A new carbon map of the UK (www.carbonmap.co.uk), launched today by the Carbon Trust, illustrates the carbon emissions released by 33 towns and cities throughout England, Wales, Scotland and Northern Ireland. The map indicates the overall UK picture as well as offering detailed regional breakdowns showing the extent of carbon emissions in each area.
Of the 33 towns and cities surveyed, the area with the highest volume of carbon emissions is Greater London (9,045,844 tonnes) with Aberystwyth the lowest at 6,607 tonnes. The figures also show the amount of carbon emitted per person - inhabitants of Greater London, Sheffield and Birmingham produce the most carbon, whilst the residents of Aberystwyth, Derry and Brighton emit the least.
Garry Felgate, director of external relations & business delivery at the Carbon Trust, said:
'Climate change is the biggest environmental threat we face and it's vital that we realise that we are all responsible for emitting carbon and all need to do something about it now. However, many businesses are still ignoring the problem even though there are financial as well as environmental benefits from taking action. Given that energy prices are rising quickly, cutting carbon through improved energy efficiency will reduce energy bills. There are many low and no cost measures that can be implemented today that will cut carbon and save energy and we urge them to contact our free helpline on 0800 085 2005 and take advantage of the help and expertise that is available.'
For the national map with detailed regional information, visit the new Carbon Trust microsite.
The figures included in the map are summarised below:
Town/city Total emissions Business percentage Emissions per capita
Aberystwyth 6,607 51% 0.42
Belfast 542,855 28% 0.94
Birmingham 2,327,102 32% 1.02
Blackpool 202,609 28% 0.78
Bournemouth 268,636 19% 0.70
Brighton 289,289 28% 0.63
Bristol 436,019 29% 0.79
Cambridge 112,588 39% 0.86
Cardiff 265,661 36% 0.81
Coventry 295,694 40% 0.88
Derry 51,518 25% 0.62
Edinburgh 366,581 32% 0.81
Exeter 76,458 45% 0.72
Glasgow 1,052,571 26% 0.90
Greater London 9,045,844 34% 1.09
Greater Manchester 2,129,344 30% 0.95
Ipswich 111,537 27% 0.79
Leeds 1,364,138 41% 0.91
Leicester 374,830 33% 0.85
Liverpool 755,329 40% 0.93
Newcastle 806,335 27% 0.92
Newry 22,507 29% 0.82
Norwich 170,022 42% 0.87
Nottingham 612,666 33% 0.92
Oxford 108,408 38% 0.76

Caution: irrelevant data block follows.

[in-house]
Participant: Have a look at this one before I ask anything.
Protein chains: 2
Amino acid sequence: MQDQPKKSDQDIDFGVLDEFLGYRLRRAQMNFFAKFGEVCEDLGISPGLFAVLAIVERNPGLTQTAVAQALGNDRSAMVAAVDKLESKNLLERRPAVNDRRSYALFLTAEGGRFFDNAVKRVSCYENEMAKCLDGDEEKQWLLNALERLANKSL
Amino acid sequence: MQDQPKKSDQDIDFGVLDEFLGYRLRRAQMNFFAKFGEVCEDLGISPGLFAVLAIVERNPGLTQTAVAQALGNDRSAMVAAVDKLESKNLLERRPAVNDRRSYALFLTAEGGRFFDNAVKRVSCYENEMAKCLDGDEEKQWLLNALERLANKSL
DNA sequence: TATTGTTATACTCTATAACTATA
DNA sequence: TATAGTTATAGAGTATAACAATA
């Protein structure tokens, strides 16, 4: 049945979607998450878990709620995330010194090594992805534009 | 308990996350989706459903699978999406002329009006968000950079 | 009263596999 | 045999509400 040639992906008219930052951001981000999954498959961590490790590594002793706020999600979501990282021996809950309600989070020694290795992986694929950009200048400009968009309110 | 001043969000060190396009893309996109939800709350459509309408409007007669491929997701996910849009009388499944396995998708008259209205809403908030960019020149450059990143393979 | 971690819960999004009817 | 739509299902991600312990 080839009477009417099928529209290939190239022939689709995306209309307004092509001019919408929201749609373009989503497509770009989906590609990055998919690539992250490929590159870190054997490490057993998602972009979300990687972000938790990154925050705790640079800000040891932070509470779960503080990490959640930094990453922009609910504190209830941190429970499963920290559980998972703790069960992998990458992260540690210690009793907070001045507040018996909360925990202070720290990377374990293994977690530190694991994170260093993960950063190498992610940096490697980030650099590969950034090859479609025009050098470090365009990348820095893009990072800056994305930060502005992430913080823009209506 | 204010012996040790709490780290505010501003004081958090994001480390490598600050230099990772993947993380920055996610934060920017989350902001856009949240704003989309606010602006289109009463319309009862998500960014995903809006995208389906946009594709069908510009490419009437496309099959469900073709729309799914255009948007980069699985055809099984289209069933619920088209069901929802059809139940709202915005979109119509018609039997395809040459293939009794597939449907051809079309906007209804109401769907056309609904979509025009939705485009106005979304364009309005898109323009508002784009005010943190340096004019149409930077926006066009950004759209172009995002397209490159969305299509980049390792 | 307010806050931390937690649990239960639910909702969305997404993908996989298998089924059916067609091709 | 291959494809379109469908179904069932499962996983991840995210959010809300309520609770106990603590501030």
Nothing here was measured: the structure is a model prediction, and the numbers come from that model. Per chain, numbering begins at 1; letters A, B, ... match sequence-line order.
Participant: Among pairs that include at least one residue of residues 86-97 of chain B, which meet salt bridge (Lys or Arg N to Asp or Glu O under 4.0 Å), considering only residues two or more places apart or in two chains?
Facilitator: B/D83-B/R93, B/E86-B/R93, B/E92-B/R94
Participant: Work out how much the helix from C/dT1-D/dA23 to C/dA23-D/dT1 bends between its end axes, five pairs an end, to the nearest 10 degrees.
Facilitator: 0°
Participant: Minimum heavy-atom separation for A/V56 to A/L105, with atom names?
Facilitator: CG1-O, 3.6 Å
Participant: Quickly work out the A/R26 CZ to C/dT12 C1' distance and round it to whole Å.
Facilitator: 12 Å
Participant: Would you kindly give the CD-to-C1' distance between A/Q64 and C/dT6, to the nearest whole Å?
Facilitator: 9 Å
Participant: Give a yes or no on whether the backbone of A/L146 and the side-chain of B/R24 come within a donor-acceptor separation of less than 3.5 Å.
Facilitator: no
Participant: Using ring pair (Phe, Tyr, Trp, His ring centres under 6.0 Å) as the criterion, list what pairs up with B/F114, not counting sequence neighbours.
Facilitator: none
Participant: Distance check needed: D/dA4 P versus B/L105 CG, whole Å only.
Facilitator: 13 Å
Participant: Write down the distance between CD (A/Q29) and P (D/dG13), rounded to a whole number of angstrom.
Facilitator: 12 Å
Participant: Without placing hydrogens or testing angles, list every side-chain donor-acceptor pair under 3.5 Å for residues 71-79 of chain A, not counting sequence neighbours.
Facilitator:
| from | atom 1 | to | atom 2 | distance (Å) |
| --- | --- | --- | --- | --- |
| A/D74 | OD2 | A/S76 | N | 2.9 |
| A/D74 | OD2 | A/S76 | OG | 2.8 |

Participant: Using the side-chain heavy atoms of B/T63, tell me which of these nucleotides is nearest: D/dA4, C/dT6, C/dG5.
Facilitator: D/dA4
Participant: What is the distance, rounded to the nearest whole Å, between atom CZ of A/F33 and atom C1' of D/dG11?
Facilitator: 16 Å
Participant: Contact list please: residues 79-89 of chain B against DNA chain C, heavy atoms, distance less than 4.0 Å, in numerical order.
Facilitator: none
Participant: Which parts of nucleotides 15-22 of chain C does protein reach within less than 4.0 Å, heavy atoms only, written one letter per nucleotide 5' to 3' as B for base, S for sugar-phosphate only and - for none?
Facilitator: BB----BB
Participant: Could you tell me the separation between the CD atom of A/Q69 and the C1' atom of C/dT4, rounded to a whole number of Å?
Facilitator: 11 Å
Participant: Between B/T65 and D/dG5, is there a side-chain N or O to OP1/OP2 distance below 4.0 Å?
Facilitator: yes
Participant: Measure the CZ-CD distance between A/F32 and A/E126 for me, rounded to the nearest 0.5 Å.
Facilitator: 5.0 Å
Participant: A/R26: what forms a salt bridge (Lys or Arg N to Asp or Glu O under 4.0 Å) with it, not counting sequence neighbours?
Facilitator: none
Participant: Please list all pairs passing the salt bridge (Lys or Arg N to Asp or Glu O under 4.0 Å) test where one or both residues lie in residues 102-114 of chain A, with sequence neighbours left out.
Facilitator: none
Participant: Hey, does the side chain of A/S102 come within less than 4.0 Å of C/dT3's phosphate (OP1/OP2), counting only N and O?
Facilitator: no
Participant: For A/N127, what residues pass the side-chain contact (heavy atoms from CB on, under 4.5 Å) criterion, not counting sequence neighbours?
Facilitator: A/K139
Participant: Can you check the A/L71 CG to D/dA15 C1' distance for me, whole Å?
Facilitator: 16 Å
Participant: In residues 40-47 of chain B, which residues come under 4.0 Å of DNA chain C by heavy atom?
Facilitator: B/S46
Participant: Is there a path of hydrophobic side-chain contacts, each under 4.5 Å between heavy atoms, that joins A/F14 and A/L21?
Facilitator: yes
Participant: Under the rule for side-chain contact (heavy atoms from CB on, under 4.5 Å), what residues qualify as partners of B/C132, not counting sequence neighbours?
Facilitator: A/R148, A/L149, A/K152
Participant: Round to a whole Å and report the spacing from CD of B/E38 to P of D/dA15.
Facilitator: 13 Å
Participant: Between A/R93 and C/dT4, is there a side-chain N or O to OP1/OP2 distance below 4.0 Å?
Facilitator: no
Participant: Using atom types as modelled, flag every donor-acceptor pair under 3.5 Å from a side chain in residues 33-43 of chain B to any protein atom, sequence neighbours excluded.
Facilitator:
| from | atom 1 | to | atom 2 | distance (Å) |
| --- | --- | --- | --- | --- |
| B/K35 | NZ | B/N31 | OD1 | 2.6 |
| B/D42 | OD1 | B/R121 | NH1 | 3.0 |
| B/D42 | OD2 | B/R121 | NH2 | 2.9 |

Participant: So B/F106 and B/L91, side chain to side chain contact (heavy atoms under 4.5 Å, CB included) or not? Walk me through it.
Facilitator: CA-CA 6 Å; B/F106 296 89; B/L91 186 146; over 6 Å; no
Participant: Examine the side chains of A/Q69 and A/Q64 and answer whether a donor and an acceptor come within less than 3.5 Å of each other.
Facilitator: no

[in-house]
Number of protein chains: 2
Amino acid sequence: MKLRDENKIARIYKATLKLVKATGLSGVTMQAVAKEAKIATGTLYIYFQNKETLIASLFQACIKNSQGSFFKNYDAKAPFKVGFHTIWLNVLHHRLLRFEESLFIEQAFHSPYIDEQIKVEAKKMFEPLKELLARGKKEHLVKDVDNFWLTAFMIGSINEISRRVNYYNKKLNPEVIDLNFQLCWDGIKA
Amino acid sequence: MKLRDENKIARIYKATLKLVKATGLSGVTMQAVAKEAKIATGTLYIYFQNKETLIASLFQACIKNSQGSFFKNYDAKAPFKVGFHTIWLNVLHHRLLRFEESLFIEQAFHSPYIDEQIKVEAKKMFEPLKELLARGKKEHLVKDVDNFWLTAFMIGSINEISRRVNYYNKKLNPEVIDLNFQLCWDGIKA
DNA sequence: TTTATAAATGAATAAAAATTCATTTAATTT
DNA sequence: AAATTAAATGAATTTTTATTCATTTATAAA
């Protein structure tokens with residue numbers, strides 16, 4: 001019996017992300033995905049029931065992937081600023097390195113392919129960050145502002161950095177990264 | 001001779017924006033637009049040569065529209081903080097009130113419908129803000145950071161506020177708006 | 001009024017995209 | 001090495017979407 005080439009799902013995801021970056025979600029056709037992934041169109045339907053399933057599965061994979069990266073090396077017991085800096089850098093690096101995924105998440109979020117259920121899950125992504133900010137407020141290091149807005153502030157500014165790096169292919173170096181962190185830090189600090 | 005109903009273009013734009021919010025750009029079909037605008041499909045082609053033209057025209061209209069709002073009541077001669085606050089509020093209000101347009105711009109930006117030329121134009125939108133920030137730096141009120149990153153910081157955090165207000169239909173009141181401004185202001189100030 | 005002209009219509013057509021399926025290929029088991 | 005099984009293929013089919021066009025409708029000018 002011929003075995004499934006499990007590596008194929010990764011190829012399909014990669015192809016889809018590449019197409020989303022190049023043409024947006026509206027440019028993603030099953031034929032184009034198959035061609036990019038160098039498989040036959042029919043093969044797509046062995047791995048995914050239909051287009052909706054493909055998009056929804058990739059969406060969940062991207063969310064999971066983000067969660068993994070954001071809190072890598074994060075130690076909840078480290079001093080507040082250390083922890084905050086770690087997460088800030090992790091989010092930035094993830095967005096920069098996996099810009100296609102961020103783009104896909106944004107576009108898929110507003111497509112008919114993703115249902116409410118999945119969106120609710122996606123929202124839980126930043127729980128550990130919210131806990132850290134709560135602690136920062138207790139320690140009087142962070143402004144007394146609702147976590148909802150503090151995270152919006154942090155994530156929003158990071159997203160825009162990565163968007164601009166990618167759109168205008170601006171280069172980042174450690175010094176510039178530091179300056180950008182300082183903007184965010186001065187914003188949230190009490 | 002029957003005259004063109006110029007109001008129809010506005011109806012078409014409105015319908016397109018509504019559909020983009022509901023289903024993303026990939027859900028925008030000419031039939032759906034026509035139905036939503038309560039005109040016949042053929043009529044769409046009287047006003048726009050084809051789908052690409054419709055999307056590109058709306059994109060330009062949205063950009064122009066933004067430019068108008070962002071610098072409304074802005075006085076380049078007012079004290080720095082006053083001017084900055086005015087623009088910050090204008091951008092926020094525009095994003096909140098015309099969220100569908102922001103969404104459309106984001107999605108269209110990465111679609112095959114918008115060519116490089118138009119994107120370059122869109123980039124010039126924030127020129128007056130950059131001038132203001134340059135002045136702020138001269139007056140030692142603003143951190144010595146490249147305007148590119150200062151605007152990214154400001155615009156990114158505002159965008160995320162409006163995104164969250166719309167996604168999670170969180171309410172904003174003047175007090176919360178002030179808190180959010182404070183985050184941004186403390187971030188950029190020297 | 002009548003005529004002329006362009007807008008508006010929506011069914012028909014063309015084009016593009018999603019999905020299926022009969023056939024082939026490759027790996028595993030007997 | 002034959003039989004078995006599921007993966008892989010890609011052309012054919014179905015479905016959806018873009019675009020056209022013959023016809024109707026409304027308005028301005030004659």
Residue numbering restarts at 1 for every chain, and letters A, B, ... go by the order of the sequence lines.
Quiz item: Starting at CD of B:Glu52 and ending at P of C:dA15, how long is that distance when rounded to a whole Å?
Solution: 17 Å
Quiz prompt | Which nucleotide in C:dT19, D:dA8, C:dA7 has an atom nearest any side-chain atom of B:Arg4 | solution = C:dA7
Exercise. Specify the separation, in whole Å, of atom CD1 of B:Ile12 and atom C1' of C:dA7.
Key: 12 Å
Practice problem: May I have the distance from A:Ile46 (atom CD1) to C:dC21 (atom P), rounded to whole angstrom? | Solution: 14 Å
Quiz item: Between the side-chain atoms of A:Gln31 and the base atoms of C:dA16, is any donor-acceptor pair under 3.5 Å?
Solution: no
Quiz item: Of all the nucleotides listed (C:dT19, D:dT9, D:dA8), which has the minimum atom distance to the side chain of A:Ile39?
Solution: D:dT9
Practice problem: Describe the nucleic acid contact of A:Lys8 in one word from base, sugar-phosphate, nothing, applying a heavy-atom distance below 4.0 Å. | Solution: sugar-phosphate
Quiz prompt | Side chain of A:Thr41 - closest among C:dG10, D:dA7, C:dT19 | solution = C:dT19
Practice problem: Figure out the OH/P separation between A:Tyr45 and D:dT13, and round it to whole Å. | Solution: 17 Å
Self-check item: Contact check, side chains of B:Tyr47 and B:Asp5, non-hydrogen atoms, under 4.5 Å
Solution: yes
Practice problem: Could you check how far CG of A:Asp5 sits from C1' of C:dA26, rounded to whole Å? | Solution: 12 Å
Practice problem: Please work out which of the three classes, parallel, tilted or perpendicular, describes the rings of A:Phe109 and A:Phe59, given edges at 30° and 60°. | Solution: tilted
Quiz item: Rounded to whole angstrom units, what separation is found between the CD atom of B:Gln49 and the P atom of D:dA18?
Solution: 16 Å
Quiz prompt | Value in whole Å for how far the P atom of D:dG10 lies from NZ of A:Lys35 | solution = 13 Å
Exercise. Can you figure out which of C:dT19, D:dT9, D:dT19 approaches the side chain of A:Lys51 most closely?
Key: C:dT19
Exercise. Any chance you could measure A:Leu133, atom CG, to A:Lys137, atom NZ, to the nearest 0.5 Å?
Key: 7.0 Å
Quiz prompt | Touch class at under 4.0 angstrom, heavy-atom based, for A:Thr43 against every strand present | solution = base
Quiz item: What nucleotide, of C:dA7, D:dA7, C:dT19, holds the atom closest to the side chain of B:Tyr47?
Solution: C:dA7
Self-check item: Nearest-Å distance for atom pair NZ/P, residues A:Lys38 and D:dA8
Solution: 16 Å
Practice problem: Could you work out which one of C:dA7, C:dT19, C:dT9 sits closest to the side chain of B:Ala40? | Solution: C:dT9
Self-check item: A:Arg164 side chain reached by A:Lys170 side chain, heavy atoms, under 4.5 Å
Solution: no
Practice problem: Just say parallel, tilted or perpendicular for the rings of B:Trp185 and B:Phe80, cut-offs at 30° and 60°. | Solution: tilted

Portsmouth 304,830 28% 0.69
Preston 179,857 28% 0.68
Reading 272,012 23% 0.74
Sheffield 682,838 44% 1.07
Southampton 238,449 26% 0.78
Southend 174,515 18% 0.65
Stoke on Trent 351,825 22% 0.97
York 115,458 45% 0.84
The Carbon Trust
The Carbon Trust works with UK business and the public sector to cut carbon emissions and develop commercial low carbon technologies. An independent company set up by government to help the UK meet its climate change obligations, the Carbon Trust creates practical business-focused solutions to carbon emission reduction on energy efficiency, carbon management, and investment.
The Carbon Trust's annual funding is in excess of£69m in grants from the Department for Environment, Food and Rural Affairs (Defra), the Scottish Executive, the Welsh Assembly Government and Invest NI.
For more information on the Carbon Trust visit www.thecarbontrust.co.uk
The information underlying the map was compiled as part of the National Air Emissions Inventory, and is based upon the tonnes of carbon emitted by human activity across various sectors per square kilometre.
The Carbon Map was created by Netcen, which compiles annual emission estimates from a large number of sources and fuels at the 1*1 km level as part of the National Atmospheric Emission Inventory (NAEI) programme of work for Defra.
The NAEI methodology makes best use of available spatial data including:
Pollution inventory. The Environment Agency (EA) publishes the Pollution Inventory each year. It contains emissions data provided by operators of processes regulated by the EA under the Integrated Pollution Control (IPC) and Integrated Pollution Prevention & Control (IPPC) regulatory regimes. The emissions data extend from 1998 onwards to 2004 and cover air pollutants such as carbon dioxide, oxides of nitrogen and sulphur dioxide which can be used to estimate the quantity and type of fuel burnt by combustion processes.
Scottish Pollutant Release Inventory (SPRI). The Scottish Environmental Protection Agency (SEPA) published the Scottish Pollutant Release Inventory earlier this year containing emissions data for 2002 and 2004 for the processes they regulate under IPC and IPPC in Scotland. As with the Pollution Inventory, data from the SPRI can be used to generate estimates of fuels consumed at individual sites.
Inventory of Sources & Releases, provided by the Department of the Environment (Northern Ireland) since 1999, which gives data for processes in Northern Ireland equivalent to the data given in the Pollution Inventory and the SPRI for England & Wales, and for Scotland respectively.
DfT traffic flow data on major roads (A roads and motorways)
Ordnance Survey data on the locations of roads
Iron & Steel Statistics Bureau (ISSB) annually published compendium of statistics, which includes regional data on the production of pig iron and steels. Since there are relatively few sites involved in the production of pig iron, oxygen steel or electric arc steel, these regional numbers can be used to generate fairly robust estimates of metal production at individual sites.
Household Survey data (Experian survey of main fuel used for domestic heating),
Regional energy statistics
Population census data for 2001.
High spatial-resolution industrial and commercial employment data from the Interdepartmental Business Register, produced by the Office for National Statistics (ONS).
In addition a number of other, minor, datasets are used including some data from industry and trade associations.